Our calculations only measure projects with a direct relationship to our finance or investment activities. Given that we are often the principle funder of a project we include 100% of the impact when we co-finance a project. If it is not possible to record 100% of the energy produced by the facilities we finance or invest in, we use estimates based on wind and solar indexes, if applicable, and exclude projects that are still under construction.

We have participated, since the Paris climate summit in 2015, in the Platform Carbon Accounting Financials (PCAF) which has stipulated a new framework methodology to account for the carbon footprint of loans and investments and we plan to start implementing this attribution approach during 2018. This will give stakeholders a clearer picture of the climate impact that results from our finance.

The calculation of CO2 emission avoidance is made using conversion rates (gram CO2 per kWh energy produced) received from Ecofys, an international energy and climate consultancy bureau. The conversion rates describe, per country, the grams of CO2 avoided when comparing sustainable energy with the mix of all non-sustainable power plants.

To date we have reported the avoided emissions of a total project. In technical jargon, we take a contribution rather than an attribution approach. With multiple loans and investments, and different types of renewable energy technologies and geographies, a contribution approach has been both practical and, we believe, reasonable. As part of an effort to continually improve our impact reporting we intend to include an attribution analysis in the future. This means that we will calculate the avoided emissions as they relate to the proportion of our finance in a project. It’s important to note that an attribution approach leads to lower carbon emission figures than compared to a contribution approach. That is because a contribution approach accounts for all of the emissions from a project rather than a proportion of them.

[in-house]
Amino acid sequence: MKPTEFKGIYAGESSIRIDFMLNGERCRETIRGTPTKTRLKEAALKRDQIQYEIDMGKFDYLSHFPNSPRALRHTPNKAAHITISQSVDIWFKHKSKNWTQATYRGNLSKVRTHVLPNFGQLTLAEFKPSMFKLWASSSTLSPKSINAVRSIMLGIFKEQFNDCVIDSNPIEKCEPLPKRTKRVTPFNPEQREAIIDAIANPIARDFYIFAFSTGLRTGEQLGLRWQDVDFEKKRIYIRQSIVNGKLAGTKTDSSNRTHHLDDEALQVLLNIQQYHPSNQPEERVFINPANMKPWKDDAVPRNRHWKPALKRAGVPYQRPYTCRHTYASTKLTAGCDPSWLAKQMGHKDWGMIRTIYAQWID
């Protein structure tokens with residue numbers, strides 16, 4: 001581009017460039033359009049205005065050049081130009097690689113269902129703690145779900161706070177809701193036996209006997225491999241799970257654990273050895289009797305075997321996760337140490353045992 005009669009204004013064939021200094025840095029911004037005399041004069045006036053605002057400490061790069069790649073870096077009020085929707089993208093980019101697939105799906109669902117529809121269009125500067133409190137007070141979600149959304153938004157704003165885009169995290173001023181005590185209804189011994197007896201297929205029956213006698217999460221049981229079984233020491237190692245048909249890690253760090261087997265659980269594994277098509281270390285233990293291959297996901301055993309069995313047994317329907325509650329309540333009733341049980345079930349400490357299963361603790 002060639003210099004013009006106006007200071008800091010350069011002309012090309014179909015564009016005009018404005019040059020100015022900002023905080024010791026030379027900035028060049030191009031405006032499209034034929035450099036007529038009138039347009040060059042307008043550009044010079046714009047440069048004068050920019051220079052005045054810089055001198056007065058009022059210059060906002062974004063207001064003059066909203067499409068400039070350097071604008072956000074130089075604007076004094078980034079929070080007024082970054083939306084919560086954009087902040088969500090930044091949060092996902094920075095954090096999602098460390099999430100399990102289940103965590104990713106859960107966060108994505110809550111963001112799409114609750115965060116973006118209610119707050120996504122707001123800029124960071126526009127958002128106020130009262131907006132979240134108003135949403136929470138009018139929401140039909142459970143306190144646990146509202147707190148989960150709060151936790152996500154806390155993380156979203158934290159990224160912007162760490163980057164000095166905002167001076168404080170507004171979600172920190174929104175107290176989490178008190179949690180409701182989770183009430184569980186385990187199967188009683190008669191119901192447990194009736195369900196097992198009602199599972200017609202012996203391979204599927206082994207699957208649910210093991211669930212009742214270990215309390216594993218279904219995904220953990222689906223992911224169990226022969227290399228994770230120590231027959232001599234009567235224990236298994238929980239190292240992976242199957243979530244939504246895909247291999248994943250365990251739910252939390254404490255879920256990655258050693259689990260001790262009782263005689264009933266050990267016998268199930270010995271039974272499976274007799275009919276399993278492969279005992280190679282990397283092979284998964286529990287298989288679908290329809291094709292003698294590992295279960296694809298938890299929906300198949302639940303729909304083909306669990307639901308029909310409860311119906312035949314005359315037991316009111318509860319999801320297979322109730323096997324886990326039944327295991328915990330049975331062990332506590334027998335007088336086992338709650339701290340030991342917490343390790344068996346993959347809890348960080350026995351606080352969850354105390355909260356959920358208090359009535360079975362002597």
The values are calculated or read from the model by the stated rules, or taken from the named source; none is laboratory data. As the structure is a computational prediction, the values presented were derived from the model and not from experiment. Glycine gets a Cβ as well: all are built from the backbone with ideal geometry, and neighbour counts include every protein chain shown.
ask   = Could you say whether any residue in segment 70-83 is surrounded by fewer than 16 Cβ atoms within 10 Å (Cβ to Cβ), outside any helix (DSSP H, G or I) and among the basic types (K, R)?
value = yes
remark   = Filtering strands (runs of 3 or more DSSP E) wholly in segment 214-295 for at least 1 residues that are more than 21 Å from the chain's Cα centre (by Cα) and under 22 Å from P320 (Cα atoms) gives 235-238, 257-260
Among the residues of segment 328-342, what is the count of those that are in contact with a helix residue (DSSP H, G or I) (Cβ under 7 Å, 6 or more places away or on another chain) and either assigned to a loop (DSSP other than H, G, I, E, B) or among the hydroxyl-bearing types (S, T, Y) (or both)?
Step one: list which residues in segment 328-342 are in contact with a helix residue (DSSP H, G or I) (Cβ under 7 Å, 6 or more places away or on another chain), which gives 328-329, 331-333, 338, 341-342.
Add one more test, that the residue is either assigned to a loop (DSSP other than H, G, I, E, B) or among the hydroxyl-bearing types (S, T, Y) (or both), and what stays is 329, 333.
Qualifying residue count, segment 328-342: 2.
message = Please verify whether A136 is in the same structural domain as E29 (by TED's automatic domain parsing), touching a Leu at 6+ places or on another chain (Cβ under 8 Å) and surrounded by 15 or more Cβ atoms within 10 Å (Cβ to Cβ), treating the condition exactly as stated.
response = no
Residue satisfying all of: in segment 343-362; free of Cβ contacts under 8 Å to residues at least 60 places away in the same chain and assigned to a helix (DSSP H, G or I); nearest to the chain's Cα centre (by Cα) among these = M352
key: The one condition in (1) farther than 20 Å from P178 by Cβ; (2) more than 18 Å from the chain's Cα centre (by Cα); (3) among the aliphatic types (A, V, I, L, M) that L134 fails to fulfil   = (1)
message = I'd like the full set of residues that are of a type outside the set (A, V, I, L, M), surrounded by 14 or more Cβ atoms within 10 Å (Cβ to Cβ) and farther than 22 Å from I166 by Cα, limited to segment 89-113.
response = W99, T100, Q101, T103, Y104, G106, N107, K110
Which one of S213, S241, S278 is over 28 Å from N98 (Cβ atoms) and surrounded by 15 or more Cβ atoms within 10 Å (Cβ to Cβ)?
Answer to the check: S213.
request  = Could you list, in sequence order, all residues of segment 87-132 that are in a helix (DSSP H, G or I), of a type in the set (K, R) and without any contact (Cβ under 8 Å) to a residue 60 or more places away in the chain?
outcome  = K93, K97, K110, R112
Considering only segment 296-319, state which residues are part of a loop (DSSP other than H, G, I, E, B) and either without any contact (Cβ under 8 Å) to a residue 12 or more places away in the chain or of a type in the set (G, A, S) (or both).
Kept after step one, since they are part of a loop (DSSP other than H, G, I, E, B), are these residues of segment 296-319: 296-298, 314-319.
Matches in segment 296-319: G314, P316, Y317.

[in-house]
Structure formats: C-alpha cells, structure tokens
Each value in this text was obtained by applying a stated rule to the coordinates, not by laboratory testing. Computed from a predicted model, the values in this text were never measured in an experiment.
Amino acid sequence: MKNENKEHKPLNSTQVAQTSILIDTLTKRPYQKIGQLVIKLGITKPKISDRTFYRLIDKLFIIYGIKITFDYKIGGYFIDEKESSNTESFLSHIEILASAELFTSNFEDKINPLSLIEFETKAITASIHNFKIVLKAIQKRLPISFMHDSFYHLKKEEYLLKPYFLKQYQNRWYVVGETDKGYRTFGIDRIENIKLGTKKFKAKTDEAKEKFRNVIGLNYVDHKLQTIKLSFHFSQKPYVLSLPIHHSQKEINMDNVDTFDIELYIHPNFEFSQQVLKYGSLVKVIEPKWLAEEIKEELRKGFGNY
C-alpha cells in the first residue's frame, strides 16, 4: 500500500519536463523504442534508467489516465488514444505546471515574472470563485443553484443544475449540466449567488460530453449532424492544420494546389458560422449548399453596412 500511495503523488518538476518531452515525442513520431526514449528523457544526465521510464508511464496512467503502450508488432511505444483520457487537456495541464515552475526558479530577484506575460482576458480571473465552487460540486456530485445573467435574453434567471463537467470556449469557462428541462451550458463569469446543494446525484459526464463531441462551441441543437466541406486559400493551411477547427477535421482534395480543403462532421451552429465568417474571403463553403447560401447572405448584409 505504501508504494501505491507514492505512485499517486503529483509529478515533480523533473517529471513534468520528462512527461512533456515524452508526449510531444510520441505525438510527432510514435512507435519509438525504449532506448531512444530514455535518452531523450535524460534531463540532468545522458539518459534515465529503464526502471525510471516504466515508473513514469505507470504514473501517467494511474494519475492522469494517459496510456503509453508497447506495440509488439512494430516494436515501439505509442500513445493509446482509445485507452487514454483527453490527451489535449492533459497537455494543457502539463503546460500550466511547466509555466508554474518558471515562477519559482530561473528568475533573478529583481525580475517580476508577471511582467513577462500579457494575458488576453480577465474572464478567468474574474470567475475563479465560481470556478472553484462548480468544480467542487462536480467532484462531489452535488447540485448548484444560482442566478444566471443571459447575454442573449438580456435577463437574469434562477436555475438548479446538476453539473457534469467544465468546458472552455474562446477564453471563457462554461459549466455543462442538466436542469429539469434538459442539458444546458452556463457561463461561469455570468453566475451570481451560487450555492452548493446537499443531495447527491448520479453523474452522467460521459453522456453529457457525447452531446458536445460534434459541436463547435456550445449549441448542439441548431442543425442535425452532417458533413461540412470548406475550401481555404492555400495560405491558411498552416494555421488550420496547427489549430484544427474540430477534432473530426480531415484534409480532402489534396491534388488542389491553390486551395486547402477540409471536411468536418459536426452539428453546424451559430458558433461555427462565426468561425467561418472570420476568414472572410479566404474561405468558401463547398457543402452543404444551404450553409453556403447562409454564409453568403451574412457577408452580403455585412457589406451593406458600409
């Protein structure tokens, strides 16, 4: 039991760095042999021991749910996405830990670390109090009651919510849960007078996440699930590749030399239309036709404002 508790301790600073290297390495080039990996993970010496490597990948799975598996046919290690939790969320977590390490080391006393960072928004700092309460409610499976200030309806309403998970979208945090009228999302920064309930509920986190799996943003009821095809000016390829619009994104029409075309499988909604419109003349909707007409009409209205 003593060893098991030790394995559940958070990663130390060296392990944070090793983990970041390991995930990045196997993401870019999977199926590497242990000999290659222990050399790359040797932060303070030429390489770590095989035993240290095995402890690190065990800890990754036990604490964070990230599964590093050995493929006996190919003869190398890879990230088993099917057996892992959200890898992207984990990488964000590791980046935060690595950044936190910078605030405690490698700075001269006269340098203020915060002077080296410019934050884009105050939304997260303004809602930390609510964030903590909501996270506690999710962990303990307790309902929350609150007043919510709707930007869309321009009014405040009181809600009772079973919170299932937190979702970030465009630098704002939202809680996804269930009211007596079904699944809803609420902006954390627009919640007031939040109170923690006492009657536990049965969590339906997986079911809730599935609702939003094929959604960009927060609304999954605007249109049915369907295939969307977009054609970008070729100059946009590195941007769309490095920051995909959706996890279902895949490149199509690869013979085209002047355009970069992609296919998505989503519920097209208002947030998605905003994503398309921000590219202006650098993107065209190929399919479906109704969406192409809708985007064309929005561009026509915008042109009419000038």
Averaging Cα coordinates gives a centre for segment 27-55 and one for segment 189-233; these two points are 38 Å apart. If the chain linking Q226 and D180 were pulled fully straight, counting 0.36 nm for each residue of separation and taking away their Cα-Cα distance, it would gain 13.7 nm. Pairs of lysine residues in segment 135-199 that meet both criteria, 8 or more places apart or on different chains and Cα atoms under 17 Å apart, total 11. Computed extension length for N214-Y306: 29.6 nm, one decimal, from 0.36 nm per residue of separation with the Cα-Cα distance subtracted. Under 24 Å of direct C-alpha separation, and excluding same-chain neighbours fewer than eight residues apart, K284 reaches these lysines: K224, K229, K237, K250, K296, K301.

To calculate the average energy use in kWh per household in the countries where we are active, we use the energy efficiency indicators published by the World Energy Council (WEC), which were updated in May 2016.

The ‘Impact per customer’ calculations used throughout the annual report are based on a total of 681,000 customers at the end of 2017.